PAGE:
The exhibition itself ‘No Turning Back’ takes the 2016 Brexit referendum as its jumping off point, thinking about moments of uncertainty in migrant history. It’s made up of collaborative installations, personal stories, quotes and photography, all presented non-chronologically, encouraging the viewer to think about the connections between different moments in time. From the mass exodus of the Hugenots in 1685, to 1978’s Rock Against Racism, the exhibition uses seven moments as a way to remind audiences that nothing has really changed.


No Turning Back (c) Migration Museum Project

The exhibition starts with the departure of the boat Hector from Tilbury in 1607, which arrived in Surat in the west coast of India.  Captained by William Hawkins, the boat was one of the first fleets of vessels that became part of the East India Company, the famous company responsible for the global trading and popularisation of tea. The exhibition posits that this marks the advent of globalisation, suggesting links between the physical voyages of the 17th century with the virtual in the 21st.  Similarly, the section on the 1905 Aliens Act demonstrates the endurance of anti-immigrant rhetoric, whether it was Jewish refugees at the end of the 19th century, or Syrian refugees now. One particularly poignant part of the display shows headlines focussed on immigration compiled by Liz Gerad, a journalist for the last four decades. By laying it out on a timeline, Gerad shows how much immigration dominated the headlines in the year of the Brexit vote.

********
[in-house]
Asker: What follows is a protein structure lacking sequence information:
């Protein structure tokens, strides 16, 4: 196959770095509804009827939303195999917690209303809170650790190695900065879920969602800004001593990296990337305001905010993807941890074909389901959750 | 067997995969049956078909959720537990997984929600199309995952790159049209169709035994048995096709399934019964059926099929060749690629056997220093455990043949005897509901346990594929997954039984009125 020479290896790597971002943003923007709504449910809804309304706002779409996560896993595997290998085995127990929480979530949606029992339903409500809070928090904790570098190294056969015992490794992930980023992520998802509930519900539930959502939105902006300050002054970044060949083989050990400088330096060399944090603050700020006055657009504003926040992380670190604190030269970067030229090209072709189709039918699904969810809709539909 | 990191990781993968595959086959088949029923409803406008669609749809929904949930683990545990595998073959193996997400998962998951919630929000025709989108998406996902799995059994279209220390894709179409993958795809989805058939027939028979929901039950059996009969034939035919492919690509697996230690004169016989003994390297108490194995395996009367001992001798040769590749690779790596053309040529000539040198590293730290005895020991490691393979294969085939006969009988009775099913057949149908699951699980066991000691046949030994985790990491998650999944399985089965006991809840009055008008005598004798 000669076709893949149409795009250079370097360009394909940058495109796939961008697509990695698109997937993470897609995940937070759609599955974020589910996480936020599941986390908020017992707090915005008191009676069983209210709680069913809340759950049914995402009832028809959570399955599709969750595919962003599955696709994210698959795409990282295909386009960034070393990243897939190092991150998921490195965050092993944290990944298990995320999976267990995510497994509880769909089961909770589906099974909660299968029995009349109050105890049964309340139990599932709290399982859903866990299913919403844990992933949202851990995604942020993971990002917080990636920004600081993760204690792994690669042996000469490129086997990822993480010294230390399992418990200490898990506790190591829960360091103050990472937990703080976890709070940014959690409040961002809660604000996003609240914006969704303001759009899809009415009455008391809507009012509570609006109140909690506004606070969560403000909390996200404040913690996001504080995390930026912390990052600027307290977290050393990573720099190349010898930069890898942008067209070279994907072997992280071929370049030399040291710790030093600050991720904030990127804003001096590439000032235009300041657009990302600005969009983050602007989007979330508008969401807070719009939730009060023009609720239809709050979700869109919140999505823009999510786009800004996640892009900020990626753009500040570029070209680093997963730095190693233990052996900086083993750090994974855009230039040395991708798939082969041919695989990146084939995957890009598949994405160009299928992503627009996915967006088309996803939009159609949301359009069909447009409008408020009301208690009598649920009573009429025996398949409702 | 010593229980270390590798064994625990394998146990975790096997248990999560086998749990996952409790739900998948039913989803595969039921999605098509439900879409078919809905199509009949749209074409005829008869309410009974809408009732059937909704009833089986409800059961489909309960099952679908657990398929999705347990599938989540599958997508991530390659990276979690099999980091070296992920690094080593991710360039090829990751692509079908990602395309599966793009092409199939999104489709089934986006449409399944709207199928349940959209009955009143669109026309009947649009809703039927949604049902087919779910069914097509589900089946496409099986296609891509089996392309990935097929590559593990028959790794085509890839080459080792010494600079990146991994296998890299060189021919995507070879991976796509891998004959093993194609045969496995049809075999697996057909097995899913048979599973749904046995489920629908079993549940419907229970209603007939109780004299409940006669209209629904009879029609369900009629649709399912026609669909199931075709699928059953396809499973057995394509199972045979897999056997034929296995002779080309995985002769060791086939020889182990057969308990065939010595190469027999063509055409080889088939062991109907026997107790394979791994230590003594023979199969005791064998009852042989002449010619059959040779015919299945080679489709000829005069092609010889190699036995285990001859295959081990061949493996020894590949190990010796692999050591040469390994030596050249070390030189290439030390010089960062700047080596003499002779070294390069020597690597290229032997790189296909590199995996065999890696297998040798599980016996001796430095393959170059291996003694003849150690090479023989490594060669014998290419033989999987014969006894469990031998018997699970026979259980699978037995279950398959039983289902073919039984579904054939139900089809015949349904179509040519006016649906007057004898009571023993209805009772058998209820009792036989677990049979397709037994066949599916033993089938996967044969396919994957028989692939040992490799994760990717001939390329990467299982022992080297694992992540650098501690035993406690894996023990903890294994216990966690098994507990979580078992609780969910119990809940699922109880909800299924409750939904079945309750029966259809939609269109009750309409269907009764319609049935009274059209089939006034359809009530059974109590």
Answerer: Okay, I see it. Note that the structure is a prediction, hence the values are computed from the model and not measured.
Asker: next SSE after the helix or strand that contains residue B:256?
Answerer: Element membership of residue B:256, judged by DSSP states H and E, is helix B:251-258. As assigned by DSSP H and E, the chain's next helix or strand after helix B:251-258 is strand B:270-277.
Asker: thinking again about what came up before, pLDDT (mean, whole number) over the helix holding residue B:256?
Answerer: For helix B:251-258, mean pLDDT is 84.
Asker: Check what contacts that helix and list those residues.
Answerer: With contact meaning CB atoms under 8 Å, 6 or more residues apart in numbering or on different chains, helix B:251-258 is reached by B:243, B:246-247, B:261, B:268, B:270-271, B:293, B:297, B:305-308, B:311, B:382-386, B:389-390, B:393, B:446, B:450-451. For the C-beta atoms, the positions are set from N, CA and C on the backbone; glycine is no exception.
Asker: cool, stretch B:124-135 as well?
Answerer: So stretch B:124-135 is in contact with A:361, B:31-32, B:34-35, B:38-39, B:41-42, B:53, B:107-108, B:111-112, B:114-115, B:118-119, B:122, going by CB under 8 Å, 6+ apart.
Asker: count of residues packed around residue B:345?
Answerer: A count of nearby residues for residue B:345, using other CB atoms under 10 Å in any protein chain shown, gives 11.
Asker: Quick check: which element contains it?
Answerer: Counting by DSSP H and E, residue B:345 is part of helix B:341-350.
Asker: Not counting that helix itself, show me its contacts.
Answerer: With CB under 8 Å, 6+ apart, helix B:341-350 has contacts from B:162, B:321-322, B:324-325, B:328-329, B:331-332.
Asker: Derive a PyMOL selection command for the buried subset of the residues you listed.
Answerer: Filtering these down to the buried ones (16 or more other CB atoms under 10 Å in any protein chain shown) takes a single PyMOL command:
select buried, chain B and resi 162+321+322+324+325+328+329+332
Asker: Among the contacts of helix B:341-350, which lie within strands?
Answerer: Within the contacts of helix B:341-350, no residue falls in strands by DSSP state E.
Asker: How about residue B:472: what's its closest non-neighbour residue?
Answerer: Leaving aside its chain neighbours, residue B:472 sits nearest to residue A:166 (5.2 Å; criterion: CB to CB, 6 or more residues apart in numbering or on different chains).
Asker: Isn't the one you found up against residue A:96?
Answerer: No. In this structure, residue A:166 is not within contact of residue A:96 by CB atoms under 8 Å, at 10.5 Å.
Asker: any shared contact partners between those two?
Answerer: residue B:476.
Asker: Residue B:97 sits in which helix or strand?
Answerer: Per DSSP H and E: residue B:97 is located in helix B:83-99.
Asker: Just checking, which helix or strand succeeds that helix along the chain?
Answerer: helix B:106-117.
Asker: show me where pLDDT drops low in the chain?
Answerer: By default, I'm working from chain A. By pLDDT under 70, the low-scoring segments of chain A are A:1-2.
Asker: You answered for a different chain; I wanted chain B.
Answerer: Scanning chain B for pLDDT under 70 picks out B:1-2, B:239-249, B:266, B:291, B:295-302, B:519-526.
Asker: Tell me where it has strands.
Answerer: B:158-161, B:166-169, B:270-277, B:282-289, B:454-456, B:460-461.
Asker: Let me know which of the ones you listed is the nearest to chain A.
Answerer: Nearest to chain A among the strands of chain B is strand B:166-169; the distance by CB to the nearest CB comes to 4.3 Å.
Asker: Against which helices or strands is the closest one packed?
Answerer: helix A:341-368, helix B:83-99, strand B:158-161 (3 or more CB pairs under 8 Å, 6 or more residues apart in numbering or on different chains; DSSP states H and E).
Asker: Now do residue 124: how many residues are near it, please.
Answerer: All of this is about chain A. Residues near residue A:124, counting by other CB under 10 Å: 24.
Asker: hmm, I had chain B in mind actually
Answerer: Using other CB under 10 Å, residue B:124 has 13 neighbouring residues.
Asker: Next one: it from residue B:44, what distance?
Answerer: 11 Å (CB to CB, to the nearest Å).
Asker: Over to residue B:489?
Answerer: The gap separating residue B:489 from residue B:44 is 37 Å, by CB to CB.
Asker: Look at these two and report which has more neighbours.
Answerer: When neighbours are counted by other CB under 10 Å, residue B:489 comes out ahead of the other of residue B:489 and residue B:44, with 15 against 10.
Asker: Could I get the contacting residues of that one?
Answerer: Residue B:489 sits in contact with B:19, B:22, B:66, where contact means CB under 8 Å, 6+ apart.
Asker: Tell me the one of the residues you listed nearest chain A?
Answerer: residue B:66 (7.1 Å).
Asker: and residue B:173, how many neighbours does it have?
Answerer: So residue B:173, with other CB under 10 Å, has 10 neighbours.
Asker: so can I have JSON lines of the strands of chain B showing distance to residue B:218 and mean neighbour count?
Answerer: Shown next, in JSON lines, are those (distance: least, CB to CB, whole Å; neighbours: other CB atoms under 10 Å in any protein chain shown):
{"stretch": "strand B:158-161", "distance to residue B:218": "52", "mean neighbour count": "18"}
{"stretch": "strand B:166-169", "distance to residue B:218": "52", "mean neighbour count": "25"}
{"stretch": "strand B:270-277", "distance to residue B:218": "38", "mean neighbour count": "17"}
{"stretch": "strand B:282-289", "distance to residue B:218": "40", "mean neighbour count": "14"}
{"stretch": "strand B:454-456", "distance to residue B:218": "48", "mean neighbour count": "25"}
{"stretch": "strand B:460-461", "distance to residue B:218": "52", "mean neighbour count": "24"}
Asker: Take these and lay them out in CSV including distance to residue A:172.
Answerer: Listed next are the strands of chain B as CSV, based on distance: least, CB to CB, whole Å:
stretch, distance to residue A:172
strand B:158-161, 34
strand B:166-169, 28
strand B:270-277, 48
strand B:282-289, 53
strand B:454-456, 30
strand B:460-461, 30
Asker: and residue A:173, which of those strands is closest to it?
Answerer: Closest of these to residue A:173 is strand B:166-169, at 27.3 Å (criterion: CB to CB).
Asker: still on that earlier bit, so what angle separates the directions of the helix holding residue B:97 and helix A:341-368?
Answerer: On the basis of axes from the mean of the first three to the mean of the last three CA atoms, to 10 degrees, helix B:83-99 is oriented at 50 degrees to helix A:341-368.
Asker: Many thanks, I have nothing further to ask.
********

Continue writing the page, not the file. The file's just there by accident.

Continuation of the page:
There are also several installations throughout. Shao-Jie Lin’s Postcards from Nowhere is comprised of postcards made from pulped landing cards of those who have been denied entry to the UK.  The artist displays 65 of these cards lined up on the wall, representing the average number of people barred from the UK each day. By recycling these documents and remaking them as postcards, Lin attempts to make this unpleasant experience more visible, asking us to question our sense of location.  Similarly, Angélica Dass’s installation Humanae aims to catalogue every conceivable human skin tone, using the Pantone colours as a way or organising them. She comments that she ‘aim[s] to illustrate that skin and race are more complex than they may appear at first glance.’  Through these installations, the gallery displays the multiple ways of representing not only the migrant experience, but also the effects of the migrant experience on our way of seeing the world.